And as consumers, we should be annoyed: is a ‘message of support’ from me to all my followers, with Bell’s hashtag to ensure it counts, worth a measly 5 cents?

Yes, we hear you say it: any funds raised is better than no funds raised. But that’s a very low bar to set. I wouldn’t call up my favorite charity, say I want to donate $10, and suggest that 200 social messages is fair recognition for that level of support.

So, what’s the middle ground?

The middle way

There are a lot of factors in what makes a good partnership: what can each provide, what does each require, and what could be obtained or shared? What are your most important goals, and what are ours, and how do they align? When looking at the possibilities and permutations of a new agreement, here are some things to consider.


Obviously, both parties should benefit from such a partnership. But if a company wants to do something good, it should actually be good: it should benefit the charity with few restrictions on the funds’ use and have reasonable recognition. Getting $25,000 on condition of throwing a gala is not a reasonable expectation; but neither is a million dollars for nothing. Hopefully the corporation has clear goals a charity can help them achieve, usually CSR-driven; and hopefully the charity knows what benefits it can reasonably provide and how to scale up for more significant gifts.

Raises profile of the charity

Ideally, corporate marketing of the partnership should have the charity brand front and centre, and the charity’s promotion should prominently feature the corporate donor. Again, both parties should benefit in this scenario: the charity gets a boost to its brand, since the instant recognition many for-profit brands get is often a challenge for charities and their smaller budgets; and the corporation gets a ‘halo’ effect of goodness by aligning itself with a reputable charity. As well, the corporate brand isn’t positioning itself as the champion upholding the cause itself, so if anything comes up that could tarnish the brand in light of their charitable campaigns—like allegations of Bell not supporting employees with mental health challenges—there can be less blow-back.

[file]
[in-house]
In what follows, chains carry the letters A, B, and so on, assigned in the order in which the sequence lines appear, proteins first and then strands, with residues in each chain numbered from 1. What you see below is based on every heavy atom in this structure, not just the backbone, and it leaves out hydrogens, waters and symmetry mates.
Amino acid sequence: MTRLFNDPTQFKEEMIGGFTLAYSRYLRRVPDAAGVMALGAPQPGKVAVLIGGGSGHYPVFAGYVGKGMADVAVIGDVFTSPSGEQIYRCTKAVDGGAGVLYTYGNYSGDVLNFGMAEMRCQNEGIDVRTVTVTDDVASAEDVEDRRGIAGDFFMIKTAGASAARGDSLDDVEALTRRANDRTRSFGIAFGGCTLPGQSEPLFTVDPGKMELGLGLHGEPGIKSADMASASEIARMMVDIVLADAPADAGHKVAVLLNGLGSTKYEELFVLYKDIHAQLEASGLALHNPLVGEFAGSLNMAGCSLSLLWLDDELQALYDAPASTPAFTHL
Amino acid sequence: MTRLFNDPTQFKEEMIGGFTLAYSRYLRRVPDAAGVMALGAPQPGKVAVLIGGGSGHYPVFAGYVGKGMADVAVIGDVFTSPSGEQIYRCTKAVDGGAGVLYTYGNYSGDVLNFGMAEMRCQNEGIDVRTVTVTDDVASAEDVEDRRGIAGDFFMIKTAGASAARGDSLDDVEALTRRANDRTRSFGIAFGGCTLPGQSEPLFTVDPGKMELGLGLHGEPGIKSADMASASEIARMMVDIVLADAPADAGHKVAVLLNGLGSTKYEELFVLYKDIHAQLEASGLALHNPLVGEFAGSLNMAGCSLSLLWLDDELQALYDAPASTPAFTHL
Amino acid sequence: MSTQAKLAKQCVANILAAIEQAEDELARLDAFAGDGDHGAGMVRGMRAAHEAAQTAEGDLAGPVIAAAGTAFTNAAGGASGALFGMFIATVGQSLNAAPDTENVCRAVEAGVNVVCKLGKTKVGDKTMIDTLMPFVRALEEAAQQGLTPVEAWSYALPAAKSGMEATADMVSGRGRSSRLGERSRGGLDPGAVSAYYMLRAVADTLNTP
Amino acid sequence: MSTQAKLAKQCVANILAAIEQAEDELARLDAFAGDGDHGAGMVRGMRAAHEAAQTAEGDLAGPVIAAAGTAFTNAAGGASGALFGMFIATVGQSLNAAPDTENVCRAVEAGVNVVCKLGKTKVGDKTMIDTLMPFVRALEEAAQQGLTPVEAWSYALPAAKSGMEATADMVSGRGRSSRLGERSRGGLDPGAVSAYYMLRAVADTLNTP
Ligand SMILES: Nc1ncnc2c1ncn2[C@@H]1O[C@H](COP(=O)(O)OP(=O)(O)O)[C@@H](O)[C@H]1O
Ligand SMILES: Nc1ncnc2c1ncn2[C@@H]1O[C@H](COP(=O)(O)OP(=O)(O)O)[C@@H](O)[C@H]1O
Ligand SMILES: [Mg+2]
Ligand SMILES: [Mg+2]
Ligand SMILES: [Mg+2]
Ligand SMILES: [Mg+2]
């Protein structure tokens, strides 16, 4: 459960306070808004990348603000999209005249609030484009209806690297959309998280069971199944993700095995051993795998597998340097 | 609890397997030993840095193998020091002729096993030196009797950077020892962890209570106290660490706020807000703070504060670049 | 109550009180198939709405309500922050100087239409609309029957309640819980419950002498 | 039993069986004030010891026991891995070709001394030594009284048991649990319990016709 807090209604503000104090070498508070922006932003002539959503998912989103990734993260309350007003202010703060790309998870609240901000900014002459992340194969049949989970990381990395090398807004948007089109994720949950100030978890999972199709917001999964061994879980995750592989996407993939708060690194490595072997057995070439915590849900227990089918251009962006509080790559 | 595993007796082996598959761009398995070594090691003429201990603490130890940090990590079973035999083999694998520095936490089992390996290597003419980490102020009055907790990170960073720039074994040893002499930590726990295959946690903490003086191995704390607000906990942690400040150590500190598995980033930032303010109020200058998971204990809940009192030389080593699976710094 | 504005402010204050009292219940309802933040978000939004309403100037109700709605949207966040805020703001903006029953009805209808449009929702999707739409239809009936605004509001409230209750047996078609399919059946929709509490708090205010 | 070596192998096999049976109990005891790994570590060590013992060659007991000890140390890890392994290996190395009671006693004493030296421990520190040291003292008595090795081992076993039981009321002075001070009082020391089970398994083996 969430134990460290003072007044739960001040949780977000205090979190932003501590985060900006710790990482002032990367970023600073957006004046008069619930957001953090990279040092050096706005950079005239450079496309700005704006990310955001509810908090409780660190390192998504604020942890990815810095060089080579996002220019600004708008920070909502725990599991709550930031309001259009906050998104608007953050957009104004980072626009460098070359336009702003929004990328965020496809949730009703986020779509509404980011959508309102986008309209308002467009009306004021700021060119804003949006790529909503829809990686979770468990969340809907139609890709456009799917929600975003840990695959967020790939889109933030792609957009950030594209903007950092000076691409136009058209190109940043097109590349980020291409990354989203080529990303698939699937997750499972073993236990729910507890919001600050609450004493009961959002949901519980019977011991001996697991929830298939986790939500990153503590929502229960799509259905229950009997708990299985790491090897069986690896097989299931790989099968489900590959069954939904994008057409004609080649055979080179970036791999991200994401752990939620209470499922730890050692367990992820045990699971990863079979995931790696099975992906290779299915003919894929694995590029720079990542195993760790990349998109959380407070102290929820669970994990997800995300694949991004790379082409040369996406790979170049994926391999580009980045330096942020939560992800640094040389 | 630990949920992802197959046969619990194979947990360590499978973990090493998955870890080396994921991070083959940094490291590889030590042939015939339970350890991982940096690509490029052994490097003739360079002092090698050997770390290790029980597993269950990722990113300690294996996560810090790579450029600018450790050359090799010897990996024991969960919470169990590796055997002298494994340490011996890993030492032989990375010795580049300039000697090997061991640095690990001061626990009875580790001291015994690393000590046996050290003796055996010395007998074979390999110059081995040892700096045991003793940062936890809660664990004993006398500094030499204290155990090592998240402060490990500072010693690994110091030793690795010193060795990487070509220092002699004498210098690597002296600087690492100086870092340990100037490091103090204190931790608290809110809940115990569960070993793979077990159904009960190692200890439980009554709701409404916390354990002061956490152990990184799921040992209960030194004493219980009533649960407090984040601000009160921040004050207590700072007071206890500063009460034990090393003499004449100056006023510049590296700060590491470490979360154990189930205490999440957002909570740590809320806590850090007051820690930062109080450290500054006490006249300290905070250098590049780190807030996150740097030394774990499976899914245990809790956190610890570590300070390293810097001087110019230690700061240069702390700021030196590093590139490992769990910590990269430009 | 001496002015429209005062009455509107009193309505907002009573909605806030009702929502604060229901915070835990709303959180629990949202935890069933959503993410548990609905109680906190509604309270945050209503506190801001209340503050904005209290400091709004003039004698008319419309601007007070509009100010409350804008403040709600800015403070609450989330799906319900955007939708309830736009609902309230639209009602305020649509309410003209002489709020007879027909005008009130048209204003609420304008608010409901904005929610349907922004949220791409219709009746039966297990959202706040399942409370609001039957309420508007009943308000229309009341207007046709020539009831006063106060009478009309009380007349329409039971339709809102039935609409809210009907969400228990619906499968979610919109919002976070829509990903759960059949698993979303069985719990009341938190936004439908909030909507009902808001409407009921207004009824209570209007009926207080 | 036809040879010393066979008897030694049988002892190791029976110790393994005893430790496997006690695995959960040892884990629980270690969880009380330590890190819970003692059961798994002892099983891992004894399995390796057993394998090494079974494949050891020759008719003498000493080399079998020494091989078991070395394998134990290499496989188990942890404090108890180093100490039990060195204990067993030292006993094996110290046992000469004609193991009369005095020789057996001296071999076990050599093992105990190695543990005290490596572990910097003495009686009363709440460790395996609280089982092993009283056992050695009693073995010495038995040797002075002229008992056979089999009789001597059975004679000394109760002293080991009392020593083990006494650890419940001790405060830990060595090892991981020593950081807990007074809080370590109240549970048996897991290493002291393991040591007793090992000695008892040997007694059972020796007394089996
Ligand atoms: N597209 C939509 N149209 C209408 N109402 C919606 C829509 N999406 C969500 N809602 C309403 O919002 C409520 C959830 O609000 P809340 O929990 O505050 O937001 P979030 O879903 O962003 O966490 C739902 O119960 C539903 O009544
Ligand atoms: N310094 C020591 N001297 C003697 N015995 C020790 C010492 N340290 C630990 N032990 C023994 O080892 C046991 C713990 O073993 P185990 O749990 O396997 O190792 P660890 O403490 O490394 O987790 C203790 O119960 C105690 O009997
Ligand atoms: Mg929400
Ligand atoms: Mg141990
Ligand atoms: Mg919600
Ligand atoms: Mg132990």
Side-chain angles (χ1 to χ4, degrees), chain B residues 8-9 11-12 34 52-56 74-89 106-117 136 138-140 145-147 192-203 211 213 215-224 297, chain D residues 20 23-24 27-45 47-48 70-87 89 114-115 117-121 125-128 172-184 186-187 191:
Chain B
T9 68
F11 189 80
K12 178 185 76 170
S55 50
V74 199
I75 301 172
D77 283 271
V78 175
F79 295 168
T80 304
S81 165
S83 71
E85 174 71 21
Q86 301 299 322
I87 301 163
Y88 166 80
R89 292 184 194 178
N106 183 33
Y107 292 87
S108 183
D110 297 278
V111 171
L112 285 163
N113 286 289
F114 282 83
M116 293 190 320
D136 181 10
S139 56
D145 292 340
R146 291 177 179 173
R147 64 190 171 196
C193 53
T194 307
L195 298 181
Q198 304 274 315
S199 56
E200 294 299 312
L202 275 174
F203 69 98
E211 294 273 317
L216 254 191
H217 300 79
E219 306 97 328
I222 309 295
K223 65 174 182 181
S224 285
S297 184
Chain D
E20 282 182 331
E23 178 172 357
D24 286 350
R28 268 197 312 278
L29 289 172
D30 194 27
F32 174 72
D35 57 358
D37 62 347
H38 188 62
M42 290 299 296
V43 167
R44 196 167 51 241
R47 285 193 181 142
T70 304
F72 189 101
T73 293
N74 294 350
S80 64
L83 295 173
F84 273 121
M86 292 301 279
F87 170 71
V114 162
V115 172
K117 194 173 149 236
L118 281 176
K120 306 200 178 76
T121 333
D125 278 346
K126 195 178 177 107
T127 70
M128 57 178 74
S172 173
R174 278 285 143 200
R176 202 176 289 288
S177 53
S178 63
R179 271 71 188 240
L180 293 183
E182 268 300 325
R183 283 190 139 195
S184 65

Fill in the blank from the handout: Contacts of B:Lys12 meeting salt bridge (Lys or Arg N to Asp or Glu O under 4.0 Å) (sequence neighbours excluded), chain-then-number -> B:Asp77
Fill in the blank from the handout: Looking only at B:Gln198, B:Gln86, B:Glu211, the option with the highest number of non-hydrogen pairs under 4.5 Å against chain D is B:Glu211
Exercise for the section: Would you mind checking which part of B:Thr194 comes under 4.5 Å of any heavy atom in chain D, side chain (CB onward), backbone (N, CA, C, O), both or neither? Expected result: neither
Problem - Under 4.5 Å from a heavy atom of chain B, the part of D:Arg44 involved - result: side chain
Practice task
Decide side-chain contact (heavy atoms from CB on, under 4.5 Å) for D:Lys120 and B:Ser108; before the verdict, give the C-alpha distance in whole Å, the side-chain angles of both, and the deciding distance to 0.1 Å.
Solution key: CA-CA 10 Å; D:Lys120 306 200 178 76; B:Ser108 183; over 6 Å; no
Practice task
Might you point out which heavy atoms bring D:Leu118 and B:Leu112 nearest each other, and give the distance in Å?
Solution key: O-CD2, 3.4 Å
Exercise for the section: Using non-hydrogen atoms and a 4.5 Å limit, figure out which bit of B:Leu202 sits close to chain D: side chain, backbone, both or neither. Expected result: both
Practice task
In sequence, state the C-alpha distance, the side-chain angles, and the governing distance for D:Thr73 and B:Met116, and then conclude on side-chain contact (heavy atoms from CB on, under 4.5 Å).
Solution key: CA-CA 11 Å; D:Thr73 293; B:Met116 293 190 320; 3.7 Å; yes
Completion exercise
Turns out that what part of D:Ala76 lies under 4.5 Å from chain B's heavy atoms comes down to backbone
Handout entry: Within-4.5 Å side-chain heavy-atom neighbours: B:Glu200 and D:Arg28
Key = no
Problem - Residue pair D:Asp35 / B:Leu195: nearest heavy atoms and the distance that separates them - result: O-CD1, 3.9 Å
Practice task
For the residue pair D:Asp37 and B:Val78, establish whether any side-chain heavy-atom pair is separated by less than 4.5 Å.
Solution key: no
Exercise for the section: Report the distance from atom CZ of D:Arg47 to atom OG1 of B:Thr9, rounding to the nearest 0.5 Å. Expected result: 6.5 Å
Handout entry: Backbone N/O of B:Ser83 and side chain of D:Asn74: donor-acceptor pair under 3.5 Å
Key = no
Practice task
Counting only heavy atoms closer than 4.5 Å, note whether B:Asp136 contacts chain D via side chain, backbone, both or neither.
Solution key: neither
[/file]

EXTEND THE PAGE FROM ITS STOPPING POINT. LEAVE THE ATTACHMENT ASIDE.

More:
Matching gift

The ‘feature day’ model from Bell is a good one, but why not up the giving with a matching gift? “Every gift made to ABC Charity on this day will be matched by XPZ Corp!” We can’t deny the effect of social media, so give donors a share-able message to boost their profile, as well as the charity’s and the corporation’s.  And donors love a matching gift.

Generates leads

This is a way to amplify the effect for the charity, but also to assign some numbers to the company’s CSR that can increase the ‘net good’ of a campaign. Yes, the initial push may raise $100,000, matched with the company’s $100,000; but what if 6 months later, the charity has had 100 donors renew with an average gift of $40, and had 50 new volunteers each giving an average of 5 hours a month? That’s a huge boost for everyone, adding to the bottom line for the charity as well as the company’s CSR report.

Do better at doing good

Like with everything else, there are some things that are easy wins and some things that are harder to achieve. With a few tweaks, even a good partnership can be improved to do more good where it’s needed most.